This all started with a passionate letter. As a journalist, I get plenty of interesting snail mail. I have received everything from a beef tenderloin to a lawsuit written by an imprisoned physician, so I try to take the letters I get with a grain of salt—but this one caught my eye.
Chuck Pratt, who lives in Carmel, Indiana, wrote to tell me he was not happy with a Dallas-based company called Medshield Labs. According to an explanation of benefits document he received from Medicare that he sent me, Medshield Labs had billed Medicare for a self-administered COVID-19 test in his name. The document said that Medshield charged CMS $120.00 for the test, of which Medicare paid $94.08.
There was only one problem. Pratt, who is 85, didn’t order any COVID-19 tests. I would learn that he was far from alone and that North Texas is home to several organizations charging Medicare for COVID-19 tests recipients say they never ordered.
Most people would probably make sure they weren’t being charged anything (Pratt didn’t owe anything) and move on, but Pratt took it upon himself to contact media members about what was happening. He received EOBs about Medshield’s charges and another lab from Indiana that had charged tests using his Medicare information. His attempts to contact the labs were unsuccessful.
I read the letter and then Googled Medshield Labs. Several others reported similar events on the Better Business Review website and the company’s Google reviews. The company, they wrote, had charged COVID tests to their Medicare account that they never ordered. I reached out to several people who left reviews and connected with a woman in South Carolina who helped me understand the scope of what was happening in North Texas.
Ladonne O’Connor also received an EOB from Medicare about how Medshield Labs billed Medicare for a COVID test she says she never ordered. O’Connor, who has a degree in health information management and worked as a billing manager for several healthcare providers, kept track of every EOB she received and dutifully called Medicare’s fraud line to report what was happening. She received several EOBs for tests and monitors she never ordered that were being charged to Medicare with her information. She left reviews online for the businesses.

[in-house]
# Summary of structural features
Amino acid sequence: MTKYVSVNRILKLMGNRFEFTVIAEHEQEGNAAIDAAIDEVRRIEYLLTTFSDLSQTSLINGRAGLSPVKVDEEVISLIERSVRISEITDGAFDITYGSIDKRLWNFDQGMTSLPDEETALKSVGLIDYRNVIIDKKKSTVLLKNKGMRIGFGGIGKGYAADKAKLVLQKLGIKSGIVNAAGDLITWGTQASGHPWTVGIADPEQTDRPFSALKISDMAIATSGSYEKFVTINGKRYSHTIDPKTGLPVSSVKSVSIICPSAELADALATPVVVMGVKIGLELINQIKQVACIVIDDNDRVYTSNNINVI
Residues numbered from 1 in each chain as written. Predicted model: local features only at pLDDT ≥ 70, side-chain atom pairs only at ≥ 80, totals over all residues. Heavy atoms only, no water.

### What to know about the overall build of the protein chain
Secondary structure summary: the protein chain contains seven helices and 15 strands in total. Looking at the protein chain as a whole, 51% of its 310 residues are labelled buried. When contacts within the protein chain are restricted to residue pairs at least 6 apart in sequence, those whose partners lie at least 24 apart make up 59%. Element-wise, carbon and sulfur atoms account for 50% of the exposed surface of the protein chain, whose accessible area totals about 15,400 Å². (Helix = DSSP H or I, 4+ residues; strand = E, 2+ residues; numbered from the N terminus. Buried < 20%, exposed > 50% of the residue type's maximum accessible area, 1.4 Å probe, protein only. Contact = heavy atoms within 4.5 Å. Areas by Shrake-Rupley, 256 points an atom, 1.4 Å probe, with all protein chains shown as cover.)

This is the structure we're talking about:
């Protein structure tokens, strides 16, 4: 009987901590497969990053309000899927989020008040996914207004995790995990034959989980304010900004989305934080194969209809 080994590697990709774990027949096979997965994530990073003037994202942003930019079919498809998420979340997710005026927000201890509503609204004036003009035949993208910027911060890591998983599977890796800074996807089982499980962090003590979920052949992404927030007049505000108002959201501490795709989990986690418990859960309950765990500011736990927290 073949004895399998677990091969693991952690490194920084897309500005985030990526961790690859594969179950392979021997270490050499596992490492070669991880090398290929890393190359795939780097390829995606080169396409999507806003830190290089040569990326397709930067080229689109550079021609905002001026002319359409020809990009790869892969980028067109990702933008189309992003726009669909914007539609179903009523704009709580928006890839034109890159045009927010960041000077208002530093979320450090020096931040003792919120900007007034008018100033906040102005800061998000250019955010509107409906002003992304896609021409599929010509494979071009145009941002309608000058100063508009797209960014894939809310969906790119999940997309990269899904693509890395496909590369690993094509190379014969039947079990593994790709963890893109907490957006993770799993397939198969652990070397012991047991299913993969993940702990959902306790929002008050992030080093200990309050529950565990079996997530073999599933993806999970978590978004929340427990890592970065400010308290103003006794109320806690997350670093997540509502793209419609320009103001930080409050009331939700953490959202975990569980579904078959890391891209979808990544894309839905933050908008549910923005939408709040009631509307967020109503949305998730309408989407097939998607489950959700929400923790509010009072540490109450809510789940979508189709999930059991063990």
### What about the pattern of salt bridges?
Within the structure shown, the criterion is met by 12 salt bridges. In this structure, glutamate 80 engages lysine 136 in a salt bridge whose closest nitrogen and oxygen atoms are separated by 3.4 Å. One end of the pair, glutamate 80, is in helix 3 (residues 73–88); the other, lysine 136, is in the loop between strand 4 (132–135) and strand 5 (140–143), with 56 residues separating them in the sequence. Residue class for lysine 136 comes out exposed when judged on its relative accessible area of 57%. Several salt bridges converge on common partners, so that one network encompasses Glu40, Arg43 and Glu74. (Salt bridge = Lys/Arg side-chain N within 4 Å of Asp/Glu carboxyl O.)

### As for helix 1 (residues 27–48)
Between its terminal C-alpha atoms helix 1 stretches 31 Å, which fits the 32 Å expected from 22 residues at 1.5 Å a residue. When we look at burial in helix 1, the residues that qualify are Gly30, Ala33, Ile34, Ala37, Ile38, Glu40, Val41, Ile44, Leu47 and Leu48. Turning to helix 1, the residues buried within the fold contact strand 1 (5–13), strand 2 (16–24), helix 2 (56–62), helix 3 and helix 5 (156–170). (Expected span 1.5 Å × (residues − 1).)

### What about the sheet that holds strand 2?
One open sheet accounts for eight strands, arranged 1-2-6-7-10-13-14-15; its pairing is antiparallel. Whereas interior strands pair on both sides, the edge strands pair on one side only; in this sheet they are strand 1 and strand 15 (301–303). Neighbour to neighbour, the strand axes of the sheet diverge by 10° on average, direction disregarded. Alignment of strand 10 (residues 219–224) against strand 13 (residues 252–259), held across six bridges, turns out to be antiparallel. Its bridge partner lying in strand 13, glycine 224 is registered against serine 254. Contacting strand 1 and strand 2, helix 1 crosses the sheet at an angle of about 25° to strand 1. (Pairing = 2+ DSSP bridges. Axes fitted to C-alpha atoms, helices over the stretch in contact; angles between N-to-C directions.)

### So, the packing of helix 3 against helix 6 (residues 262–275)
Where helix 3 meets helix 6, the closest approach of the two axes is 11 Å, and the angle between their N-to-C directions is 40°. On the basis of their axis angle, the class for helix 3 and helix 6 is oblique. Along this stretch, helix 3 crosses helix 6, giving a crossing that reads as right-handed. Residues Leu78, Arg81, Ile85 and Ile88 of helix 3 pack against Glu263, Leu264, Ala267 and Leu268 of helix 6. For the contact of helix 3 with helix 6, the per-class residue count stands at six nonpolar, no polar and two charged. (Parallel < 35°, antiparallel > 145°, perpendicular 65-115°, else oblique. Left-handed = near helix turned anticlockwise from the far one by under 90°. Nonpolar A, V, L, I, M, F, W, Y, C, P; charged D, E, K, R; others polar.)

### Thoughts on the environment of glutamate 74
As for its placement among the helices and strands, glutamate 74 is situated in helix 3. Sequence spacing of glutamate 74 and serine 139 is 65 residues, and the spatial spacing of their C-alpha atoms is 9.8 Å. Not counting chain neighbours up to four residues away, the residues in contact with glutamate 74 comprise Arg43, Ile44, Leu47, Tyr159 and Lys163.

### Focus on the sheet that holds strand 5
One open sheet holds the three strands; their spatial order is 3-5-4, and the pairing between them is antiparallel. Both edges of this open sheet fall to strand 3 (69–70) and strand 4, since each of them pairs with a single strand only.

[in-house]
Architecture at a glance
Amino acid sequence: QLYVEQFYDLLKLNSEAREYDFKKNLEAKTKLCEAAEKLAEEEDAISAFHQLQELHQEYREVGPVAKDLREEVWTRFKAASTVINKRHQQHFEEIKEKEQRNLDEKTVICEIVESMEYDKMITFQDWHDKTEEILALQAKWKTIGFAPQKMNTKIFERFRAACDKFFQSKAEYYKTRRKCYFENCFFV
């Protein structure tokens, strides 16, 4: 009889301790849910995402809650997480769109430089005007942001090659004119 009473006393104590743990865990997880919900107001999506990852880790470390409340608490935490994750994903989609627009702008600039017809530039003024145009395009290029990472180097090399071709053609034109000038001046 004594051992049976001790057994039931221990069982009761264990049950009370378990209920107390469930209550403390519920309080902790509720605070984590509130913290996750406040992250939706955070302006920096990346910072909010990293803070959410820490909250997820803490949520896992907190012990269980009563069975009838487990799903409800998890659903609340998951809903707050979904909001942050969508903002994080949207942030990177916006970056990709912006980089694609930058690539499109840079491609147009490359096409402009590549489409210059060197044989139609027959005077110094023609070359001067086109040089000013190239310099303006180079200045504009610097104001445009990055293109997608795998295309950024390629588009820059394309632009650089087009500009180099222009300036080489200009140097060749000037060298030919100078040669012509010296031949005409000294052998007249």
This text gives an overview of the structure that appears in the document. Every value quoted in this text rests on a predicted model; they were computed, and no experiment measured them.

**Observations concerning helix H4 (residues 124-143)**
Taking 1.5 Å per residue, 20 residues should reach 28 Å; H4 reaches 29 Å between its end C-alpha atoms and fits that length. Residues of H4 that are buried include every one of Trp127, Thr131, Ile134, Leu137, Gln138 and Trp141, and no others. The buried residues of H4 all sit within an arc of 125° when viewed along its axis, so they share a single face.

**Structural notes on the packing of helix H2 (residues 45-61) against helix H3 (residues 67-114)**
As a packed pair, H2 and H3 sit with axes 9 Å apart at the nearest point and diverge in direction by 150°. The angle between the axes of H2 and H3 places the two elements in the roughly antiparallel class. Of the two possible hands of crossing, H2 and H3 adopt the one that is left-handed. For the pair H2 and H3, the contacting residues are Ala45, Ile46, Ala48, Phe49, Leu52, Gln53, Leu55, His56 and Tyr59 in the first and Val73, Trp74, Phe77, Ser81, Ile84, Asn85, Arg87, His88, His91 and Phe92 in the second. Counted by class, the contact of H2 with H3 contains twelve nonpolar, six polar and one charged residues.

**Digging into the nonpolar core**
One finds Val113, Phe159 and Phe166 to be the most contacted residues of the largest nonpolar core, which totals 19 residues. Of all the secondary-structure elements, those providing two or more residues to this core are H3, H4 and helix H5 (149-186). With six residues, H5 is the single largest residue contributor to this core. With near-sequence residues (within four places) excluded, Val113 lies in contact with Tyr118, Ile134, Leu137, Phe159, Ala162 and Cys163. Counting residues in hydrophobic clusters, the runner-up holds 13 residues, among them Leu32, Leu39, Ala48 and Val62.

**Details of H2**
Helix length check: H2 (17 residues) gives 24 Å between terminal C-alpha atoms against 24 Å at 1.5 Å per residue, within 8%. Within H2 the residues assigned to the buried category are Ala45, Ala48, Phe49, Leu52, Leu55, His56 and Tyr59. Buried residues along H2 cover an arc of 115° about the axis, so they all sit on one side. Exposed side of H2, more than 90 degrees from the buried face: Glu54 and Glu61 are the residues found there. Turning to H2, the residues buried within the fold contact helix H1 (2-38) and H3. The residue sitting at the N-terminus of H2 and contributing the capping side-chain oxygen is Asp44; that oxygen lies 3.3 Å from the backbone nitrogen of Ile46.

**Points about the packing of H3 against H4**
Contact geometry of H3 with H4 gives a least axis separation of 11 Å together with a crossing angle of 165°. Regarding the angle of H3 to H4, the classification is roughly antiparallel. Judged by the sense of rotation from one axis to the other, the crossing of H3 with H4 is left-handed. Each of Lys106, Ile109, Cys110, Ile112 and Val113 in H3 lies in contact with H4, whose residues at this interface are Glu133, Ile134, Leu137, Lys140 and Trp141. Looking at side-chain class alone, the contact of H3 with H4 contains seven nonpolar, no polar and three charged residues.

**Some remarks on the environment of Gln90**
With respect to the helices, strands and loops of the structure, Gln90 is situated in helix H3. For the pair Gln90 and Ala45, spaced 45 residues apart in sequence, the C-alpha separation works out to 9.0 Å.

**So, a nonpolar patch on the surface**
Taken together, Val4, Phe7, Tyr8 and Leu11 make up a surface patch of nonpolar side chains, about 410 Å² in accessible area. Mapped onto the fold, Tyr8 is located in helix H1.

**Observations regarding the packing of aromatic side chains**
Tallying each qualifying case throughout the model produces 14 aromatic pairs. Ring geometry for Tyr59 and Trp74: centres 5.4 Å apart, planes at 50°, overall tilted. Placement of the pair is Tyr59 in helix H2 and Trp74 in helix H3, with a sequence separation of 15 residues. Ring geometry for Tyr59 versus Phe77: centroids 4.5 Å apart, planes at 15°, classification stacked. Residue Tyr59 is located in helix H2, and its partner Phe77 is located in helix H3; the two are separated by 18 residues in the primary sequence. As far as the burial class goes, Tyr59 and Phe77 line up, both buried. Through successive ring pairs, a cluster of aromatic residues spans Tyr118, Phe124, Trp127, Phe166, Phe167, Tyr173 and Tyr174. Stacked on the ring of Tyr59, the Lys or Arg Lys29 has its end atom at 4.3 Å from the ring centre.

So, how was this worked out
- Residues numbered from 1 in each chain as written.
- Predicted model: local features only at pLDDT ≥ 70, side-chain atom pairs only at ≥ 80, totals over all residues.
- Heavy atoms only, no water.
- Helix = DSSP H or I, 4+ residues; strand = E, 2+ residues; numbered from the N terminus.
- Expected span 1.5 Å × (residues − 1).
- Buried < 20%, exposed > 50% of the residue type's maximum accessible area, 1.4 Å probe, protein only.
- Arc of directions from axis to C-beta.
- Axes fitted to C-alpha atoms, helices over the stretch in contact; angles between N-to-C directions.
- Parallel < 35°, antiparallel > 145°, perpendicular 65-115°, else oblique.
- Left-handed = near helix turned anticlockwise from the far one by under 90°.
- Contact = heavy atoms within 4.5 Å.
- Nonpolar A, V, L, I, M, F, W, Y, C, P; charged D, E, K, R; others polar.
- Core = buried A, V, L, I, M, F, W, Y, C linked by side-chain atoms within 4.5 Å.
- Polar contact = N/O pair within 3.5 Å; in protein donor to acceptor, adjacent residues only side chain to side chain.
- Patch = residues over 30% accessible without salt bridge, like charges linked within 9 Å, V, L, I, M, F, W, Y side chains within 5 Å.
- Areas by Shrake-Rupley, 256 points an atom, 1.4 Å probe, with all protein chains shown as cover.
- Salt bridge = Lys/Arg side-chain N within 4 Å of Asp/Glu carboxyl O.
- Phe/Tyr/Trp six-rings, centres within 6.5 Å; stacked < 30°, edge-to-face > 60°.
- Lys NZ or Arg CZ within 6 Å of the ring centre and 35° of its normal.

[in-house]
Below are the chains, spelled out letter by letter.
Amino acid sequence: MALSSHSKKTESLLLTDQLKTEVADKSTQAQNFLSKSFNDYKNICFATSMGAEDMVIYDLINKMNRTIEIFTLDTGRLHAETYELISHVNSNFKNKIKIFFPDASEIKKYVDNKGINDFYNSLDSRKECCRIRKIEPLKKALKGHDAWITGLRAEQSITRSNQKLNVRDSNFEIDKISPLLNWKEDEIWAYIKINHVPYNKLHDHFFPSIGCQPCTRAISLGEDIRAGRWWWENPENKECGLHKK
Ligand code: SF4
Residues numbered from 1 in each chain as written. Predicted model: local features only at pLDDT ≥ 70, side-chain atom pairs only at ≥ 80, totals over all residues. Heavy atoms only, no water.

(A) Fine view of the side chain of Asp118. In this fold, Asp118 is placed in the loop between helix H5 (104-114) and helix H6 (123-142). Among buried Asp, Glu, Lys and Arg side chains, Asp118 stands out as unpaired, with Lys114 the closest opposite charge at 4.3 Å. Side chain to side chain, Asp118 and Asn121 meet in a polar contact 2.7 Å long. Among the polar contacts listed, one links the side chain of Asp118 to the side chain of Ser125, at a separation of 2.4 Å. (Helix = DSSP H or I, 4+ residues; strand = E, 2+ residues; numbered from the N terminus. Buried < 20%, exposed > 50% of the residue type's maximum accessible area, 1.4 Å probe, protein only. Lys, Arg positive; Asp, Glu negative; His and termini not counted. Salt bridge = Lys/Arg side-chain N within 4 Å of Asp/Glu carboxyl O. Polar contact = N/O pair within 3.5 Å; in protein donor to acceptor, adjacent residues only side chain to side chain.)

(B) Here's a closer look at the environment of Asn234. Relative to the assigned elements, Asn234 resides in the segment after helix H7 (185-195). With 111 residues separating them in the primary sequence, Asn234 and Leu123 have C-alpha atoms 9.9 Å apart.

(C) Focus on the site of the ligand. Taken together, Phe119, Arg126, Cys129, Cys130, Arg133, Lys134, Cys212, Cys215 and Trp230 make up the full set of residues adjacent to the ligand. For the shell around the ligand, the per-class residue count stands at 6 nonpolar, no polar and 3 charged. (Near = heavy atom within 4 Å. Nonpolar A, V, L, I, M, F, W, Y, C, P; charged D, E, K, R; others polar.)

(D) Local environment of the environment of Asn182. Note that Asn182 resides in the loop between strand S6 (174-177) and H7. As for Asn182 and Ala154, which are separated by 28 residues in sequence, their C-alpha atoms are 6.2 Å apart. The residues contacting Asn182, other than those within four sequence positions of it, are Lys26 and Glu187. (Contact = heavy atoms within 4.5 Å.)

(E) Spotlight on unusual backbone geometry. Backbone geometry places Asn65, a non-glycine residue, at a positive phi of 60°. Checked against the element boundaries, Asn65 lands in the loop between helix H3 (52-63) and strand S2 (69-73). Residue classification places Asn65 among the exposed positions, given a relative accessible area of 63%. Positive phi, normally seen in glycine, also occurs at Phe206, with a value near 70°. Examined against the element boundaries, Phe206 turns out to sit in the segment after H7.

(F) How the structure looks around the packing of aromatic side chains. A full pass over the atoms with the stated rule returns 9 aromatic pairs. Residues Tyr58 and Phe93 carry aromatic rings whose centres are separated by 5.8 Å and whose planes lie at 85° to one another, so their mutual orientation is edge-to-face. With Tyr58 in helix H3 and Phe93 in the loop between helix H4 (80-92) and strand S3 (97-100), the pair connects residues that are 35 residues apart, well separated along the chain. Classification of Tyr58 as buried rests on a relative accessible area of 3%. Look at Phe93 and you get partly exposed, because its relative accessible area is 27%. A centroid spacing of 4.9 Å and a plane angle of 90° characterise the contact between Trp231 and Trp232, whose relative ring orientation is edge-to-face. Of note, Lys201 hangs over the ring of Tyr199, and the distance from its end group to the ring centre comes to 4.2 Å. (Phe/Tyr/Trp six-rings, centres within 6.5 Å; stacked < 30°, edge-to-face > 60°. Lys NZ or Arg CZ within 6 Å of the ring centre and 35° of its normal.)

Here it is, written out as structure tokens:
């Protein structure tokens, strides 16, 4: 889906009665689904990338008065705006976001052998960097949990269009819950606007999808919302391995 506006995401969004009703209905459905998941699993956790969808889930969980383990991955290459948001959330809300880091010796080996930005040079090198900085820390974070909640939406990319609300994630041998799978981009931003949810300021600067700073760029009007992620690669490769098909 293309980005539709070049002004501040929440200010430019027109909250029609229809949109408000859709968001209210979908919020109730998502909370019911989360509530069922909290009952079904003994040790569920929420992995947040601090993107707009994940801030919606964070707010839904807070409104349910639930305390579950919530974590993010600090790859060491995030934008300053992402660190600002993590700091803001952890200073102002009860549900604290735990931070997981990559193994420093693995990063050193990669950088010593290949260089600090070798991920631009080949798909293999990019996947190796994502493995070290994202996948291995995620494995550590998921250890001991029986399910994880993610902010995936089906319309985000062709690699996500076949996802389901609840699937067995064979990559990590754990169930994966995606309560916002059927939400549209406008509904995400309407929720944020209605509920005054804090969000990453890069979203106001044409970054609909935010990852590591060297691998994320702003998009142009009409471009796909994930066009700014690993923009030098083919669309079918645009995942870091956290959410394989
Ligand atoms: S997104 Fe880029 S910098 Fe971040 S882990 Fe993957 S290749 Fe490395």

O’Connor, who sent her EOB forms to me, found that Medicare didn’t always pay for the test. She received an EOB that a Plano-based company called Lone Star Medlab had billed $120.00 for a COVID test to Medicare but that Medicare didn’t pay for it. But at least half the time, the company billed for the test got most of the money they charged to Medicare.
Curiously, several of the labs that billed her in South Carolina had North Texas addresses. In addition to Medshield (Irving/Flower Mound) and Lone Star Medlab (Plano), she received EOBs for companies called Sval (McKinney) and Immaculate Conception Health Services (Plano). As I was in the thick of learning about all these labs, a guilty plea from a case out of the Dallas U.S. Attorney’s Office would shed more light on the situation.
Lab Fraud in North Texas
In December, a Plano lab owner pled guilty to running a fraudulent scheme to get $1.7 million from Medicare. According to the USAO, Damon Heath Roberts owned JDS labs, which partnered with providers and others to access and share Medicare beneficiary information so that JDS could bill Medicare for over-the-counter COVID-19 tests. Roberts would then pay a kickback based on the reimbursement from Medicare to the medical providers or others who helped him obtain the Medicare information.
Roberts charged $4 million in claims to Medicare and received $1.7 million, while paying $149,066 in bribes in kickbacks to providers for supplying the information.
The scheme is similar to what seemed to be happening to Pratt and O’Connor. While the kickbacks and sharing of Medicare information can’t be confirmed, someone was using their Medicare number to bill federal payers for tests and other equipment they said they never ordered. O’Connor and Pratt said they received COVID tests they didn’t order from several North Texas labs, but this activity is happening nationwide.